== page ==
Owen Webb, a cell therapy recipient. See his story here. Photo by Rob Felt.
ADVANCED TECHNOLOGIES PRODUCE THERAPEUTIC CELLS, 3-D HEART VALVES
Georgia Tech is giving new meaning to the term “advanced manufacturing.” As you’ll see in this issue of Research Horizons, we’re extending manufacturing beyond traditional factory-based processes to develop technologies for producing large volumes of therapeutic cells that will be used in next-generation medicine. We’re using 3-D printing technology to help surgeons plan heart valve replacement operations, and we’re also working with Delta Air Lines and others to develop new techniques for repairing composite parts.
Also in this issue, you’ll read about how a broad-based group of researchers is applying health informatics technology to help clinicians provide better patient care. They’re doing this by analyzing huge data sets: records from millions of patients that can provide information never available before to support treatment decisions. And this work is not just theoretical. Georgia Tech is working with collaborators — including Children’s Healthcare of Atlanta and the Centers for Disease Control and Prevention — to move this technology into the real world.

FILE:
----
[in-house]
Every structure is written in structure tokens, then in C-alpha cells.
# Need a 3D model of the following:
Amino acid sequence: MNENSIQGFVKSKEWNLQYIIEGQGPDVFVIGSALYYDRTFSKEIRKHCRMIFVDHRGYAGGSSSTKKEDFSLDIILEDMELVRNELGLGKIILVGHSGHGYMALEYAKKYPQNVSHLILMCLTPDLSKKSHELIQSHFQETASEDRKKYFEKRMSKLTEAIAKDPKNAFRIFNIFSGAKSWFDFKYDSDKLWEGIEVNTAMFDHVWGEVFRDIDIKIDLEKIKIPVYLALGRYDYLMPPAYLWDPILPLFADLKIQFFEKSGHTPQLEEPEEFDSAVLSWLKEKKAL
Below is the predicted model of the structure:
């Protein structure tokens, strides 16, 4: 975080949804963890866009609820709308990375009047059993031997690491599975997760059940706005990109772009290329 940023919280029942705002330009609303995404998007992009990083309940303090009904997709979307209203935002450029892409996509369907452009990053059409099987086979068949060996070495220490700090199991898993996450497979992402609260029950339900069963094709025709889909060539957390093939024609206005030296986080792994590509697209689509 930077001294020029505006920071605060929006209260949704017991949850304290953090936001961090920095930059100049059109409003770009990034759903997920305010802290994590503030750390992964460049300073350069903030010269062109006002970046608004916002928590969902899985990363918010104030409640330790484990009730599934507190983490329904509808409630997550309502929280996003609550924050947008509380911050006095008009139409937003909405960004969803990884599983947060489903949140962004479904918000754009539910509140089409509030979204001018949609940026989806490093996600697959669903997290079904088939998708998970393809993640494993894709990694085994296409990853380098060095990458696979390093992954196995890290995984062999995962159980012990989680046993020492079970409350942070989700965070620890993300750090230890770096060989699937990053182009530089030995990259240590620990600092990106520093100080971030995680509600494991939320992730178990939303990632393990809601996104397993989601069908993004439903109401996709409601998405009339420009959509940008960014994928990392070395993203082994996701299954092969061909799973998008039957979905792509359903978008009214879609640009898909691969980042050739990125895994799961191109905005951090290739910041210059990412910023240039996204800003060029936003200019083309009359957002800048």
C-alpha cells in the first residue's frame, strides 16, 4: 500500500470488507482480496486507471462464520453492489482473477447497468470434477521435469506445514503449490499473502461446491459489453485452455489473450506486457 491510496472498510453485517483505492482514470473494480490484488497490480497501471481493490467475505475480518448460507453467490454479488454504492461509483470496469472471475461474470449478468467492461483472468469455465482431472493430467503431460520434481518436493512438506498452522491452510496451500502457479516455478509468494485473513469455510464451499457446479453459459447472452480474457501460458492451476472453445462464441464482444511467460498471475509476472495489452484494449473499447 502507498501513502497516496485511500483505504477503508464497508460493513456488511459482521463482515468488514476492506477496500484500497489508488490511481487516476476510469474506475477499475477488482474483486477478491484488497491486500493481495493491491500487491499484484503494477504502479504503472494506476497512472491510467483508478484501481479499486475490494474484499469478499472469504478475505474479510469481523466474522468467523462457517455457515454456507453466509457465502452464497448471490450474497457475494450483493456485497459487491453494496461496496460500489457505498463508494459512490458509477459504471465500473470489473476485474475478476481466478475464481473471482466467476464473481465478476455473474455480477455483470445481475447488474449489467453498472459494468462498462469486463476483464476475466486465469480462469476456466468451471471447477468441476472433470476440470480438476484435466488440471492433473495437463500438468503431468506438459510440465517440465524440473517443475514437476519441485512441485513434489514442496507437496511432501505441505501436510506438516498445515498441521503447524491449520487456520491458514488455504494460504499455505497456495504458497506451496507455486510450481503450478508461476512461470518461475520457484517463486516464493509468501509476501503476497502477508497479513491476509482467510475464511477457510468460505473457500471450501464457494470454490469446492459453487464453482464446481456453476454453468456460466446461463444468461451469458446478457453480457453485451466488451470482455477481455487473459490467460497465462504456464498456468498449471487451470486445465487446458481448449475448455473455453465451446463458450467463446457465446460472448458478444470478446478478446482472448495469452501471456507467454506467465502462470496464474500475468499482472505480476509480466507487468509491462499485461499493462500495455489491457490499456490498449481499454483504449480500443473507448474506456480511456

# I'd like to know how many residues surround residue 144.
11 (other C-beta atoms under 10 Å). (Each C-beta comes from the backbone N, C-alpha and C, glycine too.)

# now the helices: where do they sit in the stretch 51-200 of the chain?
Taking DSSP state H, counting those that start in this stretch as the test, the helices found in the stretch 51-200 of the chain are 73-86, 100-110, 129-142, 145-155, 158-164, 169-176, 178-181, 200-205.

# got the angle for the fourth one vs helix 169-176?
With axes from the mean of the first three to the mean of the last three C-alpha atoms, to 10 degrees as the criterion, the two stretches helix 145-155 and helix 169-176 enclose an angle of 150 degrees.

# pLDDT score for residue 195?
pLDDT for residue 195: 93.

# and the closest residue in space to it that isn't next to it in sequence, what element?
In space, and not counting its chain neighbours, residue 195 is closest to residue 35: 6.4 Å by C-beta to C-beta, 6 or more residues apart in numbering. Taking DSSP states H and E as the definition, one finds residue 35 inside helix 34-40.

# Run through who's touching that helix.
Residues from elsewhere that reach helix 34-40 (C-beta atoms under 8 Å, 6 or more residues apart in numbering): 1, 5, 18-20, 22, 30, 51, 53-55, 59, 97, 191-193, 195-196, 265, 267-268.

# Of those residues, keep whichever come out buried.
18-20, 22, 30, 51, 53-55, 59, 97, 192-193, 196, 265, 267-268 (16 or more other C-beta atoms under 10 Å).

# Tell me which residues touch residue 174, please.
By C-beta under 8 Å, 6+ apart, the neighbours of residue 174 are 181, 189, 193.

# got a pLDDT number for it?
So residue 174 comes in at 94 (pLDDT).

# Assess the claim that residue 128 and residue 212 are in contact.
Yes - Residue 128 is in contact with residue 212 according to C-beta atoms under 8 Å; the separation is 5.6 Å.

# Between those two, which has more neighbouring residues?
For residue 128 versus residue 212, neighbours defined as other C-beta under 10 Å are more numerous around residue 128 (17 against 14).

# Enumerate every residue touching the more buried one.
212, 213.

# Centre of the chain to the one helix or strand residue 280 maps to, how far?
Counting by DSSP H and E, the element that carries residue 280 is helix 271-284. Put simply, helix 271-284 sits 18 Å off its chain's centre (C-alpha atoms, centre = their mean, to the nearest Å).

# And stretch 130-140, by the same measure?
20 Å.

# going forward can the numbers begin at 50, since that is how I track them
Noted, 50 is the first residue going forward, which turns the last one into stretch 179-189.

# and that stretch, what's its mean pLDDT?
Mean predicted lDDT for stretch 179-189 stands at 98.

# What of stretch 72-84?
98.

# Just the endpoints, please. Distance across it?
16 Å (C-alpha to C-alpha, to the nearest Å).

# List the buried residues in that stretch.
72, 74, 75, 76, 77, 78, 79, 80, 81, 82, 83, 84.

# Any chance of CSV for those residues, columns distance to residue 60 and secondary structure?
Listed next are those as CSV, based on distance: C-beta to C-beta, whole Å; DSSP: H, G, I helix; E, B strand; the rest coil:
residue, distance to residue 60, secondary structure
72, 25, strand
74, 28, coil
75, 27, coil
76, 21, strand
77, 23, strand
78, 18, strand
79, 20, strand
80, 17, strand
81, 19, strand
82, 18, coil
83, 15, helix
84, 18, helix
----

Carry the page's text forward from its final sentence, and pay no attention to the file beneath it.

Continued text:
In research that promises to both improve robotics and help us understand evolution, we developed a robot that simulates an odd walking fish known as the mudskipper. Working with two other universities, we studied the robot and the fish together to obtain new insights into how the first land animals moved about on granular surfaces — information that could help designers of robotic systems address the challenges posed by such terrain. Finally, this issue also describes Georgia Tech’s role in the Juno space mission, which is exploring the mysteries of the planet Jupiter.
Georgia Tech powers an impressive innovation ecosystem that facilitates transformative opportunities, strengthens collaborative partnerships, and maximizes the economic and societal impact of the Institute’s research. Our goal is to conduct leading-edge research and then transition the results of that research into use.
As you read this issue of Research Horizons, you’ll see how we’re leveraging these collaborative partnerships to create game-changing solutions to society’s most challenging problems. We truly are creating the next generation of data science, materials design, technology education, and environmental study.
As always, I welcome your feedback. Enjoy the issue!
Executive Vice President for Research